33 M.R.S.A. § 461 (1999) (emphasis added).
[¶ 7] Here, Howard's predecessor in title, Powers, conveyed lots by reference to a recorded plan. According to the last sentence of section 461, the section does not apply to such conveyances. In rendering section 461 inapplicable to conveyances by reference to a recorded plan, the Legislature gave effect to the established common law rule that a conveyance of a lot by reference to a plan does not convey title to the centerline of an abutting road. See Sutherland v. Jackson, 32 Me. 80, 82-83 (1850) (“In this State a grant of land bounded on a highway carries the fee to the centre of it, if there be no words to show a contrary intent․ [But] a conveyance of [a] lot by the plan does not carry the fee to the centre of the way ․”) (citation omitted). The plan itself expresses the grantor's intent to convey only the lot depicted in the plan. Because the grantor's intent is clear, the common law centerline presumption, codified by section 461, does not apply.
[¶ 8] Despite section 461's intention that the centerline presumption not be applied to conveyances of lots by plan, Howard asks us to find that he owns to the centerline of the road by operation of section 465 alone. He contends that the application of section 465 is not dependent on the application of 461; therefore, he argues, section 465 applies and extends his property boundary to the centerline of the road. If we were to accept Howard's argument, we would render the last sentence of section 461 meaningless, because a person owning property conveyed by reference to a recorded plan would always own to the centerline of an abutting road. It is well established, however, that “[n]othing in a statute may be treated as surplusage if a reasonable construction supplying meaning and force is otherwise possible.” Struck v. Hackett, 668 A.2d 411, 417 (Me.1995) (citation omitted).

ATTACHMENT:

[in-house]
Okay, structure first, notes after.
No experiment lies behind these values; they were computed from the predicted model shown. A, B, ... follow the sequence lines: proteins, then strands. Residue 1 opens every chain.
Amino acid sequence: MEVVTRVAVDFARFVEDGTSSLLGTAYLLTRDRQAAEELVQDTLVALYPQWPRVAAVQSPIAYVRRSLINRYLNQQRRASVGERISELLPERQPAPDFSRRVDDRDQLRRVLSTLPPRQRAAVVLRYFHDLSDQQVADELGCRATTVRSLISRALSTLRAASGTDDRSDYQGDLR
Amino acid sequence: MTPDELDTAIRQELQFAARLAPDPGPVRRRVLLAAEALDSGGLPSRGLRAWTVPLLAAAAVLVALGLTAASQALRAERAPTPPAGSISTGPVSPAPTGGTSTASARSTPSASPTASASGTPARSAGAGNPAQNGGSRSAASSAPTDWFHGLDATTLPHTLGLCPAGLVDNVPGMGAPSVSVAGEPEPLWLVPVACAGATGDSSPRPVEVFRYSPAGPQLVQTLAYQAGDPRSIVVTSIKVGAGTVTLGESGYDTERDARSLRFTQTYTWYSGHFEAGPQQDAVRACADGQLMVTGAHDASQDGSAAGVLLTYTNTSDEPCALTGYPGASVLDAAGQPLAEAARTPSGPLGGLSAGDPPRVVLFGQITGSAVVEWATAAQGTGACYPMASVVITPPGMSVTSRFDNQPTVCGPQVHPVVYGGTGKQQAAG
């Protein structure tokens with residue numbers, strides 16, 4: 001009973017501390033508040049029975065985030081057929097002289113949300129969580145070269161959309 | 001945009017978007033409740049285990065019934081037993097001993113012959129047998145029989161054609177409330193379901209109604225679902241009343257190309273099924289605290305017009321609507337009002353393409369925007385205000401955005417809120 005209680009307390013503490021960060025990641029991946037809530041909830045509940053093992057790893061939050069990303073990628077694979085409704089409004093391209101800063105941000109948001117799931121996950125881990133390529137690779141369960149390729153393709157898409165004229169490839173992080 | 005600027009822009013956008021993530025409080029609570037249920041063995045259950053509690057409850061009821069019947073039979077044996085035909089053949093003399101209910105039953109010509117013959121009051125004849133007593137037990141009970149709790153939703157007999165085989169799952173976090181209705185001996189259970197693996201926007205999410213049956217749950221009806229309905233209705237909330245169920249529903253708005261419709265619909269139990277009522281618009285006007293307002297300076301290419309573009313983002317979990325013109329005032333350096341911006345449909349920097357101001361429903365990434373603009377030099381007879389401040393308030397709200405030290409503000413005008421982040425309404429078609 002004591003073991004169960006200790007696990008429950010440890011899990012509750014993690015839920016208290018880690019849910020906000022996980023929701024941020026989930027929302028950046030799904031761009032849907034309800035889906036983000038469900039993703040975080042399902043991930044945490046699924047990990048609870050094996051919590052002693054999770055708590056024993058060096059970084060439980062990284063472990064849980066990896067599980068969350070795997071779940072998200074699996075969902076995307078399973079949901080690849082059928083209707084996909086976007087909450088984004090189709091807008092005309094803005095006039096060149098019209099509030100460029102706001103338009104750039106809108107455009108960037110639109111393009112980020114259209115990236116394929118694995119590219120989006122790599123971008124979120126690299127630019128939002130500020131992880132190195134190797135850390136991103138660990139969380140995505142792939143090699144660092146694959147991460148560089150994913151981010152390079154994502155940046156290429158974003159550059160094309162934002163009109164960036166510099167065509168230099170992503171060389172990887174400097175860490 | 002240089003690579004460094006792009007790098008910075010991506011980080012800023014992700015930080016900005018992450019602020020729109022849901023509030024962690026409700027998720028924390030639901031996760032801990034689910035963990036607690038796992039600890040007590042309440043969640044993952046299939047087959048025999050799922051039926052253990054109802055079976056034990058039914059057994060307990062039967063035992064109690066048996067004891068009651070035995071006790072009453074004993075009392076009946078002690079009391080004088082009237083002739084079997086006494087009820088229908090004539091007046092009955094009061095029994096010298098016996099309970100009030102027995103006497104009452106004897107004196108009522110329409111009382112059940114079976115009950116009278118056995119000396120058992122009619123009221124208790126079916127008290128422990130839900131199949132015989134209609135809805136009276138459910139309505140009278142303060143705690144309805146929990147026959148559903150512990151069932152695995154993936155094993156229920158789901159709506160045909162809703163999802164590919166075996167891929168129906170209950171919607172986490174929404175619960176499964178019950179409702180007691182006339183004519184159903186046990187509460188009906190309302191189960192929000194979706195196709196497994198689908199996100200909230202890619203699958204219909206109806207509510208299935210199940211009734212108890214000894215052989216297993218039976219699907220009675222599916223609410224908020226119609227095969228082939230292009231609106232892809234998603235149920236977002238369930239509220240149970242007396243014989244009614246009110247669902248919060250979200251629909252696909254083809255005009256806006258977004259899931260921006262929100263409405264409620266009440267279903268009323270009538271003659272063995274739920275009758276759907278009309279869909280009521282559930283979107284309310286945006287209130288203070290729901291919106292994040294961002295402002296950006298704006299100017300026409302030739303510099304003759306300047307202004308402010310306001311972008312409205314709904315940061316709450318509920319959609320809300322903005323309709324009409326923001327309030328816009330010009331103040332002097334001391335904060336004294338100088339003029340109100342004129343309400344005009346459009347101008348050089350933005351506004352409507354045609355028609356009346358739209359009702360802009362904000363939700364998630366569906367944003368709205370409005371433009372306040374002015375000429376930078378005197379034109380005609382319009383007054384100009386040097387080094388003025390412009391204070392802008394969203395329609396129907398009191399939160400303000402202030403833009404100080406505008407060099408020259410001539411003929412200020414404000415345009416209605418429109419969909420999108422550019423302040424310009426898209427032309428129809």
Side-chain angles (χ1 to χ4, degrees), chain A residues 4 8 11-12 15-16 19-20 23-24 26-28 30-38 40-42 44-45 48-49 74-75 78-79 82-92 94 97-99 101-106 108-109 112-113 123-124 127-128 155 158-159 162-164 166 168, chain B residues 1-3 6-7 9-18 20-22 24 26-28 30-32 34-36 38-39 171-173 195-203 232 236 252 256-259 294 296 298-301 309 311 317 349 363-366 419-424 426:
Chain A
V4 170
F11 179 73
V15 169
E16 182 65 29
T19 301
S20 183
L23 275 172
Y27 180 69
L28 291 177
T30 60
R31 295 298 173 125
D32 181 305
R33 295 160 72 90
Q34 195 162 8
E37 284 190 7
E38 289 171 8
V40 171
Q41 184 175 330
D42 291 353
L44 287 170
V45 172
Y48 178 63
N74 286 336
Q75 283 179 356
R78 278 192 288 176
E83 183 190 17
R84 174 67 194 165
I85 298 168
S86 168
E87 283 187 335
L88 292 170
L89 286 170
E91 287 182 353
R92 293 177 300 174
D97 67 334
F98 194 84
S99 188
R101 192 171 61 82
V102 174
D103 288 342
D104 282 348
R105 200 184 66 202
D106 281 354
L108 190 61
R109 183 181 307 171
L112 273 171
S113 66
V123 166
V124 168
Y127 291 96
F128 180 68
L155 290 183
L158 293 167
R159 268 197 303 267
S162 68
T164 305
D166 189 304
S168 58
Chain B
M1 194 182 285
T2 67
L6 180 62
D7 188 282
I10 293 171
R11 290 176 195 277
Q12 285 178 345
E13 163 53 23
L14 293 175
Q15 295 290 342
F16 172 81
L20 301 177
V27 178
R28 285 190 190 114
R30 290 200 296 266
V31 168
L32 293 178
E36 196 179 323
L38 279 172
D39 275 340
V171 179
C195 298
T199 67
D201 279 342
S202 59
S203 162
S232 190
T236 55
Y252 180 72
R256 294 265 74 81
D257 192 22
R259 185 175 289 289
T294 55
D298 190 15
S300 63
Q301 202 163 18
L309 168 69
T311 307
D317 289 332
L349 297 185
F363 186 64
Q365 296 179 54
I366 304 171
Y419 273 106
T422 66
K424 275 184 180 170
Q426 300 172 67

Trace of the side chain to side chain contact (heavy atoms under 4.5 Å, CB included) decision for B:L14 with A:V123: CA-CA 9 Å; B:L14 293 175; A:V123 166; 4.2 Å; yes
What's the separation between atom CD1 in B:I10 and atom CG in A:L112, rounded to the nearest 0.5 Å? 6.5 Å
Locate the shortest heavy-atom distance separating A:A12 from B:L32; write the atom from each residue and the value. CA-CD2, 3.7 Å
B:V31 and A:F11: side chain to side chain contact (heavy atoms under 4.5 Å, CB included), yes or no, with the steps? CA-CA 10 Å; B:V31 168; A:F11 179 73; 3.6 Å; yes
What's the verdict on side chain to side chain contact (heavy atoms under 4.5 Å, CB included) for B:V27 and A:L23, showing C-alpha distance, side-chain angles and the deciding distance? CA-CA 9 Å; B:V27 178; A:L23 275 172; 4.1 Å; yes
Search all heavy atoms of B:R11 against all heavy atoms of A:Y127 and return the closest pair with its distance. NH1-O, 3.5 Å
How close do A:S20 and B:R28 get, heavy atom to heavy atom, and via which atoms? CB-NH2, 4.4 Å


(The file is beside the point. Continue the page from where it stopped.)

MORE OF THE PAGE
[¶ 9] Moreover, when enacting “An Act to Clarify Title to Roads and Ways,” codified as 33 M.R.S.A. §§ 460-69, the Legislature expressed its intent to give “statutory effect to the common law presumption that an abutting owner owned to the centerline of the road.” L.D. 983 (106th Legis.1973). While the common law presumed that a conveyance of land bounded by a public way includes the fee to the centerline of the public way, the presumption did not arise when a conveyed parcel was described by reference to a plan, like the “Stadia Survey,” because the grantor is not presumed to have transferred the fee under the road. See Sutherland, 32 Me. at 82-83. As the Superior Court correctly explained, “[t]he ‘presumption of centerline ownership’ fails when the instrument of conveyance reflects the grantor's intent to retain ownership of the fee to the abutting way.” We should not presume the Legislature intended to alter the common law, and we construe a statute to alter the common law only to the extent the Legislature makes clear its intent to do so. Emery Waterhouse Co. v. Lea, 467 A.2d 986, 996 (Me.1983).
[¶ 10] In the context of a conveyance of a lot or lots by recorded plan, the application of section 465 is predicated on the applicability of section 461. Because Howard's predecessor in interest conveyed lots by reference to a recorded plan, neither section 461 nor section 465 applies, and Howard is not deemed to own to the centerline of Horseshoe Road. Franklin, therefore, owns the contested parcel by deed as a result of the 1971 thirty-nine-acre conveyance.
[¶ 11] Finally, contrary to Howard's contention in his counterclaim, he is not entitled to damages for trespass because Franklin owns the land in question. See 14 M.R.S.A. § 7552(2)(A) (Pamph.2002).
The entry is:
1. Franklin has not argued that any of the exceptions in 33 M.R.S.A. §§ 466-469 (1999) apply, nor has he argued that notice was filed as provided in section 462.